Water from two-thirds of Norfolk and part of Suffolk, known as the Broads catchment, flows downstream and drains into the water in the ground.
Rivers were once important networks for transporting goods and materials between Europe and our local cities and towns. These international links have influenced place names, architectural styles and the development of drainage systems.
The diggings flooded as sea levels rose, creating today’s shallow lakes or broads which gave the area its name. There are around 50 named broads. Hickling, at about 140 hectares, is the largest of these artificial lakes.
These woods of alder, birch and willow species often grow on semi-floating reed swamp called hover. Unusual plants grow in the wet woodland, such as great tussock sedge, which creates a habitat like a block of flats for insects.
Sailing is popular – the narrow rivers test sailing ability. You might even see Albion or Maud sailing. They are surviving examples of trading wherries, boats used for transporting goods and materials.
Fen is a habitat found on peat soils. Its rich plant life provides a valuable food source for insects. Fen is the most important habitat for supporting rare species in the Broads such as the Swallowtail butterfly.
Its seasonal change of colour from green to dark purple, then golden brown, and the sound of it rustling in the wind, are very distinctive. Managing reedbeds and harvesting the reeds has benefits for conservation and supplies reed for the thatching industry.
Drainage mills punctuate the skyline of the grazing marshes. They were built to harness wind power to drive the machinery which pumped water from the marshes along dykes into the rivers. Today, small, electric-powered pumping stations, often near drainage mills, serve the same purpose.
Grazing marshes are flat, quiet landscapes with expansive views. The water levels in the extensive dyke networks are artificially controlled which allows the grazing marshes to be kept drier for arable farming and wetter for wildlife conservation.
The Broads is only about 0.1% of the UK’s area, but it has more than a quarter of the UK’s most rare and threatened species. Some of these, such as the swallowtail, Britain’s largest butterfly, only live in the Broads. Swallowtails lay their eggs on milk parsley, a tall plant.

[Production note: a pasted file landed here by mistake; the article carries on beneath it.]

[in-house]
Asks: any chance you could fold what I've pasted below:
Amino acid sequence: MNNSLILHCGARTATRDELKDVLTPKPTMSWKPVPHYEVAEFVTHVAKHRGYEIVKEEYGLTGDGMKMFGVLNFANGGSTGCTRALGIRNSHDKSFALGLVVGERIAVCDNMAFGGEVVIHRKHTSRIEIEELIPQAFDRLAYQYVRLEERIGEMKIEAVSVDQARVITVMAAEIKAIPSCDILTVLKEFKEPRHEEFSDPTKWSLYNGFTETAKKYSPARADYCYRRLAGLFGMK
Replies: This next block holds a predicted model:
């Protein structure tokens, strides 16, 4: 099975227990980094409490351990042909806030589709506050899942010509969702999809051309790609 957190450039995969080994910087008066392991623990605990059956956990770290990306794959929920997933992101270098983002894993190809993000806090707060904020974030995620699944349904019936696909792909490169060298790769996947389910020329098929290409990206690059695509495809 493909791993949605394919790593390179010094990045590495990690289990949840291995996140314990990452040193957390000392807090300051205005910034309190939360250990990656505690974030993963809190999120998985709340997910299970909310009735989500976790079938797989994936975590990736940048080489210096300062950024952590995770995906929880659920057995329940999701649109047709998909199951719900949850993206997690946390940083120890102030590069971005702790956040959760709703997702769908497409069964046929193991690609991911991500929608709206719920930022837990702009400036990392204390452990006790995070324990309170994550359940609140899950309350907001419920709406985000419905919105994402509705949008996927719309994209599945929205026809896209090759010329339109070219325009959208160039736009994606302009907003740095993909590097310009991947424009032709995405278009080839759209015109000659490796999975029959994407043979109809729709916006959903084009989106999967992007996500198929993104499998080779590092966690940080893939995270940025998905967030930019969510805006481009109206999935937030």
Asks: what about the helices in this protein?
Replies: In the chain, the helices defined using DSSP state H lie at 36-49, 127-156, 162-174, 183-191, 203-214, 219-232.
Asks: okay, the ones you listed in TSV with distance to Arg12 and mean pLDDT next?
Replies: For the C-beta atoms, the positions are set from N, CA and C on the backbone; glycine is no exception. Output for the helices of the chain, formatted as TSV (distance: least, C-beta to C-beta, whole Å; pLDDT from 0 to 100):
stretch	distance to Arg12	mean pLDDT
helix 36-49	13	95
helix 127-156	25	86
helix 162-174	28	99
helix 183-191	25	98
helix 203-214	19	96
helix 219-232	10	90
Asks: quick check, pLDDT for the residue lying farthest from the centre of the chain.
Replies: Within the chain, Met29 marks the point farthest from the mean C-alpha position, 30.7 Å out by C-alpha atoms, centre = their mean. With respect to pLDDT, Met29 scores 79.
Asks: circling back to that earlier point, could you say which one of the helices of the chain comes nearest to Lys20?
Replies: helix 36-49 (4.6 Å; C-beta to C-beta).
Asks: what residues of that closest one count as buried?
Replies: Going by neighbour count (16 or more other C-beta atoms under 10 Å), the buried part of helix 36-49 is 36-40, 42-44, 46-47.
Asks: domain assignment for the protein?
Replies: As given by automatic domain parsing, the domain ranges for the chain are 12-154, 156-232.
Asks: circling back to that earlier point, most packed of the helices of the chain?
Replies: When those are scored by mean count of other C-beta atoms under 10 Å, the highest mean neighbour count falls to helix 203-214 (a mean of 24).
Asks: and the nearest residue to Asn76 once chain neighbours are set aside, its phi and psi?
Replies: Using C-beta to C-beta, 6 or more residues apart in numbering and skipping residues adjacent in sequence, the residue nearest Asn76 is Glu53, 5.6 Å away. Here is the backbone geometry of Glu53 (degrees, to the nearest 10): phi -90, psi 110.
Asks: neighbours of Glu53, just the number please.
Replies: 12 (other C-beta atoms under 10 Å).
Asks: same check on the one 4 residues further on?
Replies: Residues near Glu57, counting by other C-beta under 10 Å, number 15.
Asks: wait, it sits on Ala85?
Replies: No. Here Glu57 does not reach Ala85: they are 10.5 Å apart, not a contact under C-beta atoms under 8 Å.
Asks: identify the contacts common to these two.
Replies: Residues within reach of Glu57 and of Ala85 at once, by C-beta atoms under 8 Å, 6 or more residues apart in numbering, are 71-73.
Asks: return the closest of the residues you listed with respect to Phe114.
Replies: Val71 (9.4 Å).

They have been raised and widened over time, and they protect the valuable farmland from damaging saltwater flooding.
They were established when rivers were the only highways. Today, many are used for mooring holiday boats. Other moorings can be found at boat yards, marinas and along the rivers. Moorings often have an edge or quay heading of wood or steel, which is not friendly to wildlife.
But some do cluster around the staithes, at the water’s edge. When the Broads became a popular holiday destination, before the First World War, people started building holiday chalets along the rivers.
Traditionally, these marshes are used for cattle, and also provide valuable wildlife habitat. Due to economic pressures, sometimes marshes are ploughed for arable crops which usually need lower water levels and more fertilizer.
Boating will provide a different perspective while journeying by rail across the wide, open marshes is a unique experience.
At low tide its mudflats are good feeding grounds for wading birds. It’s an internationally important place for over 100,000 wild birds which spend the winter here on our shores.
Breydon Water is all that remains of it. The curvy dykes within the marshes are the remains of estuary creeks where the sea ran in. Hear the story.
Peace and quiet, expansive views and big skies, being close to wildlife, great fishing, marvellous sunsets, taking photos, boating, walking, being away from it all, having fun, memories – these are all reasons people love being in the Broads.
Over the centuries people here have adapted to changing climates too. These changes are likely to happen more quickly in the future. How will the Broads adapt?
Many Norfolk and Suffolk villages been lost over the centuries due to coastal erosion. With sea levels rising, the rate of erosion is likely to increase.
Discover how the Broads was formed, how people have shaped the landscape and find out what makes the national park unique.
+When you see this icon, click on it to learn about the features.
›Click the arrows on each side of your screen to move the panorama.
At the end of your journey downstream you will be signposted to more information about what you have just seen, or about where you live in the Broads.Begin your Journey